One problem. What if the offender was wrongfully convicted? What if he or she IS innocent? The situation becomes Kafkaesque; he or she must agree to a terrible and false scenario (their agency in a crime) in order to escape a much worse scenario (further imprisonment). If an innocent man or woman acknowledges responsibility in order to curry favour, they then become the writers not only of their own history but of their own future. The individual will be forever tied to his or her parole record and the “admission” of guilt.

Herbert Murray’s story is shocking. He spent more than 29 years in prison (he was eligible for parole after 15). Murray only got out due to advanced interventions from his original lawyer and the Second Look Clinic at Brooklyn Law School.


Have you ever wondered who sits on a parole board and makes the decisions that affect tens of thousands of prisoners lives each year?

This article Convicted of Murder as Teenager and Paroled at 41 by Trymaine Lee details the job-track:

“Parole Board members, who must have a college degree and five years of experience in criminal justice, sociology, law, social work or medicine, can serve an unlimited number of six-year terms, earning $101,600 a year. By law, they must interview inmates in person and are required to consider their criminal histories, prison achievements and sense of remorse. Ultimately, though, parole decisions are subjective.”

It is great to read reporting that brings a focus to the rudimentary details of staffing and regulation, in this case that of the parole systems. There are many different arms to the criminal justice system and often they don’t compliment one another. In Murray’s case, the parole system reinforced the mistake of the judicial system.

This expository journalism reminds me of NPR’s investigative series on the bail system in January, 2010.

– – –

Thanks to Stan for the tip.

As a foil to the non-committal position of my last post, Jim Johnson has posted a very important statement about the label – and according judgement – that should fall upon America’s homegrown terrorists.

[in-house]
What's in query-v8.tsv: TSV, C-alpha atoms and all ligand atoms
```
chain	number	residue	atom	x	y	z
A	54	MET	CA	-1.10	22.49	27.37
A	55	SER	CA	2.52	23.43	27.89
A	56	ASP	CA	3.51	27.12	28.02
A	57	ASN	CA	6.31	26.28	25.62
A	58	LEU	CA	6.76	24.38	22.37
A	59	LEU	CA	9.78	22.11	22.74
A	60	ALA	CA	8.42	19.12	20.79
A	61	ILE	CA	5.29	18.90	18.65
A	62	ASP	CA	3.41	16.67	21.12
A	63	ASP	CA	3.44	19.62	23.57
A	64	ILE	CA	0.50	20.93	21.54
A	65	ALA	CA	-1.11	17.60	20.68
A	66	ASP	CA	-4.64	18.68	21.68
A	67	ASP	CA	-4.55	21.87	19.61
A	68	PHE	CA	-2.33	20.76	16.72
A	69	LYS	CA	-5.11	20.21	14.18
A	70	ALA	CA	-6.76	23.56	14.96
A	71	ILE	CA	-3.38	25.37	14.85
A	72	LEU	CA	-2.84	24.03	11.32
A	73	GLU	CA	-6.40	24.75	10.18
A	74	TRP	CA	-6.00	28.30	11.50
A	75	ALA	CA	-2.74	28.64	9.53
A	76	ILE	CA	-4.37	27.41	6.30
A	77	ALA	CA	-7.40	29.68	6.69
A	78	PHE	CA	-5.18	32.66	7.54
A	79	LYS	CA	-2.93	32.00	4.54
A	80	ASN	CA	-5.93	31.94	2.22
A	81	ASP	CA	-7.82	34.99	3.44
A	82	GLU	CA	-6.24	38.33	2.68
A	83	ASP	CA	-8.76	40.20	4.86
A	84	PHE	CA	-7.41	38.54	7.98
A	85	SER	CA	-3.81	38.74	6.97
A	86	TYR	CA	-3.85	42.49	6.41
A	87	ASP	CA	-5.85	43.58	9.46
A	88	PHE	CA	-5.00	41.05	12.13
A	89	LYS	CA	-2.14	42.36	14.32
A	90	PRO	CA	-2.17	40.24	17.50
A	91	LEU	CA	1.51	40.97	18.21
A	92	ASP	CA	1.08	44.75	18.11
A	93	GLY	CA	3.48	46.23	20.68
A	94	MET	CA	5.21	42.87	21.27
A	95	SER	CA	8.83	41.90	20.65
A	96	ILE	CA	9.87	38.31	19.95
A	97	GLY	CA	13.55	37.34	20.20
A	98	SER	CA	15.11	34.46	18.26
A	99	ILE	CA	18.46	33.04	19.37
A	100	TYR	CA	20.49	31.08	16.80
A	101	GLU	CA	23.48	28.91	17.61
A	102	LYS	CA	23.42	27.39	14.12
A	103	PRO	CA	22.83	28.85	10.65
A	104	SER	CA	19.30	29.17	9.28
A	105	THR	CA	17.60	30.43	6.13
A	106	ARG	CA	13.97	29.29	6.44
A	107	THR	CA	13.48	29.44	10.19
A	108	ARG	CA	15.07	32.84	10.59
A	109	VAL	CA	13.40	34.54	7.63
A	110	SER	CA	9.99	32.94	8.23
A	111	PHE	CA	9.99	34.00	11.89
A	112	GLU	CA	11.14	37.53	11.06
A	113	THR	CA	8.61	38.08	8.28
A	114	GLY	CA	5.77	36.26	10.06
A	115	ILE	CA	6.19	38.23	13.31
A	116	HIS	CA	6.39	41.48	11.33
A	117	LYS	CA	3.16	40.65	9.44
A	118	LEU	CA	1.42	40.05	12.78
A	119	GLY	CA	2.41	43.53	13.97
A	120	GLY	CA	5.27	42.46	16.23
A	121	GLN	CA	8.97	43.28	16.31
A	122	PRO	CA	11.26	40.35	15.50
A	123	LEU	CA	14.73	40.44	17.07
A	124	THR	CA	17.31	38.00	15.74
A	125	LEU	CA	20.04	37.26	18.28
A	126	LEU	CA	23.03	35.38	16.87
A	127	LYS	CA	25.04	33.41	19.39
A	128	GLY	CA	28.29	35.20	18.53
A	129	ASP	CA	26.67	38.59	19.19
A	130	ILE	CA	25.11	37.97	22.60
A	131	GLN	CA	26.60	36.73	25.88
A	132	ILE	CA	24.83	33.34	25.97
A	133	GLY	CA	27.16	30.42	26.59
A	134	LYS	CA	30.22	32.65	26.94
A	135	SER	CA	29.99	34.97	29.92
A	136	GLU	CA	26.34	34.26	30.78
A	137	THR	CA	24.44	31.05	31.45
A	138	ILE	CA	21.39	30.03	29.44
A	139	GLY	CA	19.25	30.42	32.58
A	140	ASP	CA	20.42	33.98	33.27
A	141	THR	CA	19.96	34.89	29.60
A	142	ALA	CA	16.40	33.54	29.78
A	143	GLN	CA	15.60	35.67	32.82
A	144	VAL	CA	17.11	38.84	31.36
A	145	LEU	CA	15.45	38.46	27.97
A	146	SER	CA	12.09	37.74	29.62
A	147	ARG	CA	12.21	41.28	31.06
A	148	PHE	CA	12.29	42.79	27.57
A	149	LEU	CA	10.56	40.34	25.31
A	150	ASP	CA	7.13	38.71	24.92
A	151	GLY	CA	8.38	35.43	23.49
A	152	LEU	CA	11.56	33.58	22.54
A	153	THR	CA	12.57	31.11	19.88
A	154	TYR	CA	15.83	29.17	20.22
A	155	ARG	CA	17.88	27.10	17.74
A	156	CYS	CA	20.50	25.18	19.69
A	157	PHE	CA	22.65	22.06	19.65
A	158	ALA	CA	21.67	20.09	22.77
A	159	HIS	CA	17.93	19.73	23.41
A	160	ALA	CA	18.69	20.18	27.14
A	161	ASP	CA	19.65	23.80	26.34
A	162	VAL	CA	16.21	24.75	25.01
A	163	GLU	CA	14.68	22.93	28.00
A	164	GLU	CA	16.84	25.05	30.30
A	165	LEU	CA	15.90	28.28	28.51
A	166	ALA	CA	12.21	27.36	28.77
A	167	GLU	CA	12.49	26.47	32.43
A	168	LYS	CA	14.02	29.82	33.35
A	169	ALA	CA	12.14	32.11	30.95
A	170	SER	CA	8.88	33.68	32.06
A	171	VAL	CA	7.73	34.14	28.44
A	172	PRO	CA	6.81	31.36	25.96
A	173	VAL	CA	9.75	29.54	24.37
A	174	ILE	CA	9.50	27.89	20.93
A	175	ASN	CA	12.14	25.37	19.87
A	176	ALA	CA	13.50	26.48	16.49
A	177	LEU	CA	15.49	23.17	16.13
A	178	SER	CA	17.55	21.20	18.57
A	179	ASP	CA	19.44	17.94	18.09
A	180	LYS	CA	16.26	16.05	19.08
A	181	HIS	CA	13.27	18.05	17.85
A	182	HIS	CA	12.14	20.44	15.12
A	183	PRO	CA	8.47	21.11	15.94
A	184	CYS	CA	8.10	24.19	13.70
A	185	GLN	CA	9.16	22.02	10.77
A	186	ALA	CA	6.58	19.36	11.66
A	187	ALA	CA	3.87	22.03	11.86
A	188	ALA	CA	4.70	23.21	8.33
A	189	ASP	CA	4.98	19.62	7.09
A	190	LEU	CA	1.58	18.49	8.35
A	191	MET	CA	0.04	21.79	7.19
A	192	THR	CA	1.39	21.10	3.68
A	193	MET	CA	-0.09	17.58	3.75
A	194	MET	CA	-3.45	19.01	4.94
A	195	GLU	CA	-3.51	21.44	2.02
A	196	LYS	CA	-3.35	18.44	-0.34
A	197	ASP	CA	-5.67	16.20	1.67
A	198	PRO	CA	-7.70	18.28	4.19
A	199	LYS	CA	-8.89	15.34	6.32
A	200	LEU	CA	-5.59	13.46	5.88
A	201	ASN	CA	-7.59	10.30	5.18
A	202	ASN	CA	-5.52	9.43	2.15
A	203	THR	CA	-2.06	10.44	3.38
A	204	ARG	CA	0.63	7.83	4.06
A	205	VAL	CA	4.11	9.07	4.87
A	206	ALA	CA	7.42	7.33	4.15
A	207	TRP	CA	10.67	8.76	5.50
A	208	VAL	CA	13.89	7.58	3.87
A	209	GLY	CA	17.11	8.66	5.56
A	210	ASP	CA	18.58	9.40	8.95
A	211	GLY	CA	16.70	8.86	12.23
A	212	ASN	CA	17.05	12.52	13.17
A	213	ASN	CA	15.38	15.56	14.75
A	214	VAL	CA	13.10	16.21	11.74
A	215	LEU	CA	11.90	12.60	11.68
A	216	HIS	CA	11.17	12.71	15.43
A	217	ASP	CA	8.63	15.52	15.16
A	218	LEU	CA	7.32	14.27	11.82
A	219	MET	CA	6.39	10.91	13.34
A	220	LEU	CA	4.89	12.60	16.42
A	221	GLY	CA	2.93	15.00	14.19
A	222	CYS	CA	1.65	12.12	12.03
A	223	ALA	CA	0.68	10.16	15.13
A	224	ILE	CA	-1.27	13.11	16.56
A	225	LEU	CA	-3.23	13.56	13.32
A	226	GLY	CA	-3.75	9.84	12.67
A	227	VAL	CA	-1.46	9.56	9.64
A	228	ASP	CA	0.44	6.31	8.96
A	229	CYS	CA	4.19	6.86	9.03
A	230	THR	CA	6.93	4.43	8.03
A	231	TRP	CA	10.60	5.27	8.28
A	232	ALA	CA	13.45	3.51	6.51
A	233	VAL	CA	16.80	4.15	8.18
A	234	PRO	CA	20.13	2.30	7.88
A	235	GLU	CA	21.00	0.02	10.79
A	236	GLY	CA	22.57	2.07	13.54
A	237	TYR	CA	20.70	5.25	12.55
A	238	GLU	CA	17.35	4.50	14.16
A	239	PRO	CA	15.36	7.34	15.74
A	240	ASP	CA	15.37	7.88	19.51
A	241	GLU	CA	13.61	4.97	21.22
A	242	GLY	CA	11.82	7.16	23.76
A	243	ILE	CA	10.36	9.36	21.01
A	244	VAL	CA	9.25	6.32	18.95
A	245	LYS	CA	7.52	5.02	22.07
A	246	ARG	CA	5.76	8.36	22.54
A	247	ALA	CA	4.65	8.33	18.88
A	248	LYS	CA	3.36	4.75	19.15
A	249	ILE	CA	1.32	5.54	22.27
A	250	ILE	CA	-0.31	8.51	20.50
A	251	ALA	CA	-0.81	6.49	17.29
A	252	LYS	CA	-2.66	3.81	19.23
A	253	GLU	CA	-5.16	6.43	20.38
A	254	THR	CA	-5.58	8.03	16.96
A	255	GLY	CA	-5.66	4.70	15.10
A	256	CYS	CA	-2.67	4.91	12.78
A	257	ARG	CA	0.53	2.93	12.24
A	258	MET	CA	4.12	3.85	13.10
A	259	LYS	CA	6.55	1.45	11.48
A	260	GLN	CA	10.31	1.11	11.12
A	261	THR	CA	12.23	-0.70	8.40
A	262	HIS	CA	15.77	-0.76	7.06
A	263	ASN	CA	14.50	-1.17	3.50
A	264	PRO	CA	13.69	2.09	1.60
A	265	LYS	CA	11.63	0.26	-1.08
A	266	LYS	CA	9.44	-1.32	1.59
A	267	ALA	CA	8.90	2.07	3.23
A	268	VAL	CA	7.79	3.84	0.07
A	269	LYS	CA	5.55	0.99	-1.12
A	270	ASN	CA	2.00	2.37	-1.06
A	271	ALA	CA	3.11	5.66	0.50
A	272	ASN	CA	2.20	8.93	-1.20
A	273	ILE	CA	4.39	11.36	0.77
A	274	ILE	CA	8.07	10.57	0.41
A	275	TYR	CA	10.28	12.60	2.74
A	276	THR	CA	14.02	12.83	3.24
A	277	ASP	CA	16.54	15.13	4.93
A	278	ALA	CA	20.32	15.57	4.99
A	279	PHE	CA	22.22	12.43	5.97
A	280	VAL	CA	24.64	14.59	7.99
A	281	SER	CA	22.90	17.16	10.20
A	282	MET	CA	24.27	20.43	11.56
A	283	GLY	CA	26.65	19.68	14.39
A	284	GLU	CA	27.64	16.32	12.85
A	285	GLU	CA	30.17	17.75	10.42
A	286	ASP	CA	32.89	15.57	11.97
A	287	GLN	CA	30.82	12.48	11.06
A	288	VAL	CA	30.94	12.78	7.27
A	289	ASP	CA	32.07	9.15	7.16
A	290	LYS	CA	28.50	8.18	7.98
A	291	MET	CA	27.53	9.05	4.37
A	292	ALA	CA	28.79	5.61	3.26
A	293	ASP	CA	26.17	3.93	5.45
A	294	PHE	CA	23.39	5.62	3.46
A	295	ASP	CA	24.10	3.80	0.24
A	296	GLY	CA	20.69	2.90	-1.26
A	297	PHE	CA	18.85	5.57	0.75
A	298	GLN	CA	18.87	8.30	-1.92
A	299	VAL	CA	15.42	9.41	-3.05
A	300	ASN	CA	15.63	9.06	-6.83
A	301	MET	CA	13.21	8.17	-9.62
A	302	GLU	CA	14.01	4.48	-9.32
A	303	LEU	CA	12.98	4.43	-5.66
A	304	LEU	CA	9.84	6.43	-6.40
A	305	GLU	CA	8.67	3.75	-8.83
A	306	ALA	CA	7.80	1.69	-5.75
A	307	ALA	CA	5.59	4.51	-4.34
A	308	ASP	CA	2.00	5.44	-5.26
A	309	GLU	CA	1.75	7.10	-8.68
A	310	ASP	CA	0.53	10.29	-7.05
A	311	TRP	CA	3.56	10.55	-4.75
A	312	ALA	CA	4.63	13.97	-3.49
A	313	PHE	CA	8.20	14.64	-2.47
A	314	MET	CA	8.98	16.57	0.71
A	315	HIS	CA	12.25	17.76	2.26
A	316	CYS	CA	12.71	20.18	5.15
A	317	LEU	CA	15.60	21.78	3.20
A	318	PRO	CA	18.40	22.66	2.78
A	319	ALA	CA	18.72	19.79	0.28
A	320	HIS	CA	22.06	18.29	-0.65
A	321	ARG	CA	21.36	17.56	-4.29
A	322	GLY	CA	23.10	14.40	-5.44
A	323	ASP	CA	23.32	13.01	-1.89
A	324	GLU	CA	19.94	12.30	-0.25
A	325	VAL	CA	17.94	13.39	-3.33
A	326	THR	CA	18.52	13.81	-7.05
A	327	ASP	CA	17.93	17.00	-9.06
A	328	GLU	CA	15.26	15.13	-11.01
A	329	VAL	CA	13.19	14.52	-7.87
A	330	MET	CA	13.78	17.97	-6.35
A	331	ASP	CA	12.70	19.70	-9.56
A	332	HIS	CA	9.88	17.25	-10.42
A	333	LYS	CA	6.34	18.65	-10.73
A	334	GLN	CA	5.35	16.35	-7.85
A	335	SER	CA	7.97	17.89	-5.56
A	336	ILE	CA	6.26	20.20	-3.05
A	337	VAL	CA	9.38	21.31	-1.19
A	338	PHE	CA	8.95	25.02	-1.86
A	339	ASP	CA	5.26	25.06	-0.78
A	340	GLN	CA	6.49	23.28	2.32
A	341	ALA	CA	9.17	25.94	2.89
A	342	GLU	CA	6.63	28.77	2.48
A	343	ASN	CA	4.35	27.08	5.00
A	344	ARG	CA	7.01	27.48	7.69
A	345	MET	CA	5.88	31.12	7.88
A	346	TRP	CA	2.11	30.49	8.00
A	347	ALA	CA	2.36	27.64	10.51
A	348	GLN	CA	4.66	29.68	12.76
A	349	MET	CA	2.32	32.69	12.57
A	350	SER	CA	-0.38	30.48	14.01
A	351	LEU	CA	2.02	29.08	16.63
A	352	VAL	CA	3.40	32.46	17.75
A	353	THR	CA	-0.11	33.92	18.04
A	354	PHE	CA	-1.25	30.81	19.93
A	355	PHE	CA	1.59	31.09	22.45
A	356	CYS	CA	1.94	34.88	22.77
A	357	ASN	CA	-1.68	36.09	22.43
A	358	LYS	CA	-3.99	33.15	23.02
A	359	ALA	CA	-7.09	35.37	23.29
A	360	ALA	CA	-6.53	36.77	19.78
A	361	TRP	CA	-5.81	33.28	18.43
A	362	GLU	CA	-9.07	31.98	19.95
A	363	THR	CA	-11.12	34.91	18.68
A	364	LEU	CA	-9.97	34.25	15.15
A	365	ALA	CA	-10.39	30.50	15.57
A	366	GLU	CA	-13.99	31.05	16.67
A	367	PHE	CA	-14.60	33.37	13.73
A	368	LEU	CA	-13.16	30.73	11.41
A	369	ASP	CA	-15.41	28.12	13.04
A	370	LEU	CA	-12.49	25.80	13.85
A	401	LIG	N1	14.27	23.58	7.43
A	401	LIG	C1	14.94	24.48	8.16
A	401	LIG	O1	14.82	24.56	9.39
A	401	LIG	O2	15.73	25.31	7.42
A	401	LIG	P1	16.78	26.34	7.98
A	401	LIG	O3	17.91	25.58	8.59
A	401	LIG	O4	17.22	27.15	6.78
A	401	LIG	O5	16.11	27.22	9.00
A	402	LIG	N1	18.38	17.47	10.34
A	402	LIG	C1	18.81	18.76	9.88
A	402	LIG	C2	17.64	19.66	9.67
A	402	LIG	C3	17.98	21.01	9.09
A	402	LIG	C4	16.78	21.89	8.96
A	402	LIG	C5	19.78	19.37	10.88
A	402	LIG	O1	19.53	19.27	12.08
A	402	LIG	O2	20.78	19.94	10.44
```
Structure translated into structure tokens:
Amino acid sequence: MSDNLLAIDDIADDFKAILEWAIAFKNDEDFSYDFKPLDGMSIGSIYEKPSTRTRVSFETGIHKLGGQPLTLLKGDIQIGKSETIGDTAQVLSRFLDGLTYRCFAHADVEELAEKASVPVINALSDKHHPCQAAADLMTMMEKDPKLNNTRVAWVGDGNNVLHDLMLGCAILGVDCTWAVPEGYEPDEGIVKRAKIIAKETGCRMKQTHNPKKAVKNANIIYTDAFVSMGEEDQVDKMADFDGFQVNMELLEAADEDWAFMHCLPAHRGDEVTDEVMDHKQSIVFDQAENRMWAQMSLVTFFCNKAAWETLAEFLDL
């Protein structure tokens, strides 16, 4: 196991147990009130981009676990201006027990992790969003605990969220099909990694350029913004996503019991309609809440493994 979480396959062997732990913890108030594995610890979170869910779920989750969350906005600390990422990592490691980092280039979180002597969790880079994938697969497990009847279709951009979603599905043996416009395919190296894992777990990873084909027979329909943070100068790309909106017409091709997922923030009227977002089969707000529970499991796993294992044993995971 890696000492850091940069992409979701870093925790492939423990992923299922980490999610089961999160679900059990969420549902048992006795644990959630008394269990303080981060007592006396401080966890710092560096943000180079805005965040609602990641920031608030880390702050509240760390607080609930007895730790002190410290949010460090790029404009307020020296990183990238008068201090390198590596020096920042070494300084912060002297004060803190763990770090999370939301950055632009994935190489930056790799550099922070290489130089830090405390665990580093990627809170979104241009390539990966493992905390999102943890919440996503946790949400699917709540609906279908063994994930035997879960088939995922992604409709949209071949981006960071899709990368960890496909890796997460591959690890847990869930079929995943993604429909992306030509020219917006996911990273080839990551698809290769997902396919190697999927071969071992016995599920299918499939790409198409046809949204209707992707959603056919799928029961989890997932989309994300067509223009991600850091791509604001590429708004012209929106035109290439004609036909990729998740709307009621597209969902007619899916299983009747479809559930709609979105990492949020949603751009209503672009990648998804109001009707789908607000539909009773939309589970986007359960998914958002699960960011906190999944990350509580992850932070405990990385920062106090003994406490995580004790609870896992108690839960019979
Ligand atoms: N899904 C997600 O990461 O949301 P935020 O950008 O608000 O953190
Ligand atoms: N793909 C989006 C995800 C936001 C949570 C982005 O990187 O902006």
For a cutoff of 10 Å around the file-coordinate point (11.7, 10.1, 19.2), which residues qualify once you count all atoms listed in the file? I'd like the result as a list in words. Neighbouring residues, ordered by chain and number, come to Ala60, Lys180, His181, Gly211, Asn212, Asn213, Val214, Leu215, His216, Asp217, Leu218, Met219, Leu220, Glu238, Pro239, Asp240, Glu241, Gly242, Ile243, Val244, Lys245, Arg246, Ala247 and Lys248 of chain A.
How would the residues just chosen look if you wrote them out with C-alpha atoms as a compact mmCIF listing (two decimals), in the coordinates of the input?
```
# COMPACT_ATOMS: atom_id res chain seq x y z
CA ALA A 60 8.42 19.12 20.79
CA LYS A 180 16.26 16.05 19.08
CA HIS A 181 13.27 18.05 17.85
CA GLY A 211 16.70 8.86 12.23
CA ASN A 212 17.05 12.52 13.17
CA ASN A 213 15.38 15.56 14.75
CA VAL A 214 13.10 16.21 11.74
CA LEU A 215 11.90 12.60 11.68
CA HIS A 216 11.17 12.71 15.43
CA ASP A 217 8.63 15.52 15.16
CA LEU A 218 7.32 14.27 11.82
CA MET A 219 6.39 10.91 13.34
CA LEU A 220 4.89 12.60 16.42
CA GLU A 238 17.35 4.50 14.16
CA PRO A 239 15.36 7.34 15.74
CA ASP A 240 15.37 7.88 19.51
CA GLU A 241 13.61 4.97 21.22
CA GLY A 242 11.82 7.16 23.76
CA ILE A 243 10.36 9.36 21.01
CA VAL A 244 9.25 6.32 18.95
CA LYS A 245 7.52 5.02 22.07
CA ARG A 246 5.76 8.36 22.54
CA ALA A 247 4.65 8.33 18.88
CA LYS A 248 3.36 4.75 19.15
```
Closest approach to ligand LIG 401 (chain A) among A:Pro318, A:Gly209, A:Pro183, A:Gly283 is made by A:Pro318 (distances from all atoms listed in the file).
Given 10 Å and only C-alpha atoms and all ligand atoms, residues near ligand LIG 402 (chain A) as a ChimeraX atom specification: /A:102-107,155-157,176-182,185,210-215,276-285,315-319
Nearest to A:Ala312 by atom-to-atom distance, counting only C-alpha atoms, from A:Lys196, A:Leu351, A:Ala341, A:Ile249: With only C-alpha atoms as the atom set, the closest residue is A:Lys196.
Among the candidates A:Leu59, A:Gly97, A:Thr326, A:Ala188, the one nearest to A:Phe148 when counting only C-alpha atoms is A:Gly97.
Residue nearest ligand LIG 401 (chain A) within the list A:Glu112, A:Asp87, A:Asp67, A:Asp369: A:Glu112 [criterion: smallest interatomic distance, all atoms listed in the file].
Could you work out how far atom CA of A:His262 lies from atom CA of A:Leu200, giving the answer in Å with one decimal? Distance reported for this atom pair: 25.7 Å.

What’s the difference between a terrorist and an “apocalyptic Christian militant”? A must read.

My post, Staring at Death, Photographing Haiti got a lot of attention. It was a simple format – an extensive collection of links to online photography coverage of Haiti. It was posted a week after the earthquake and very soon after was out of date.

It may have been apparent from my other posts on Haiti [1, 2, 3, 4, 5] that I appreciated words alongside images.

I was grateful for the interviews by the New York Times of Damon Winter, Maggie Steber and Daniel Morel.

Well, add Lynsey Addario to that list.

Even Orphanages Spawn Orphans in Haiti is the type of approach and reflexivity I admire in journalism. It is a great salve to the overly-anxious who worry that photojournalism has lost it’s soul.

Of course, I have a few buddies who’d insist that Haitian voices be heard also, so I don’t want to suggest that PJ audio interviews are the crowning point of crisis reporting – they obviously aren’t but they are a necessary component.

To hear the photojournalist’s voice and responses to their subject reminds us that photographers are not camera-wielding automatons operating in vacuums.

© Daniel Morel / Corbis

Amidst the all the coverage of Haiti, I have found the interviews and words of photojournalists (eg. Damon Winter; Melissa Lyttle) FAR more interesting and informing than the images.

What an essential privilege to hear Haitian photographer Daniel Morel speak about not only his placement during the earthquake, but also the behaviour of the media, the complaints of Haitians toward said media and where he and Haiti go from here.

If I am going to put weight on any opinion it is Morel‘s.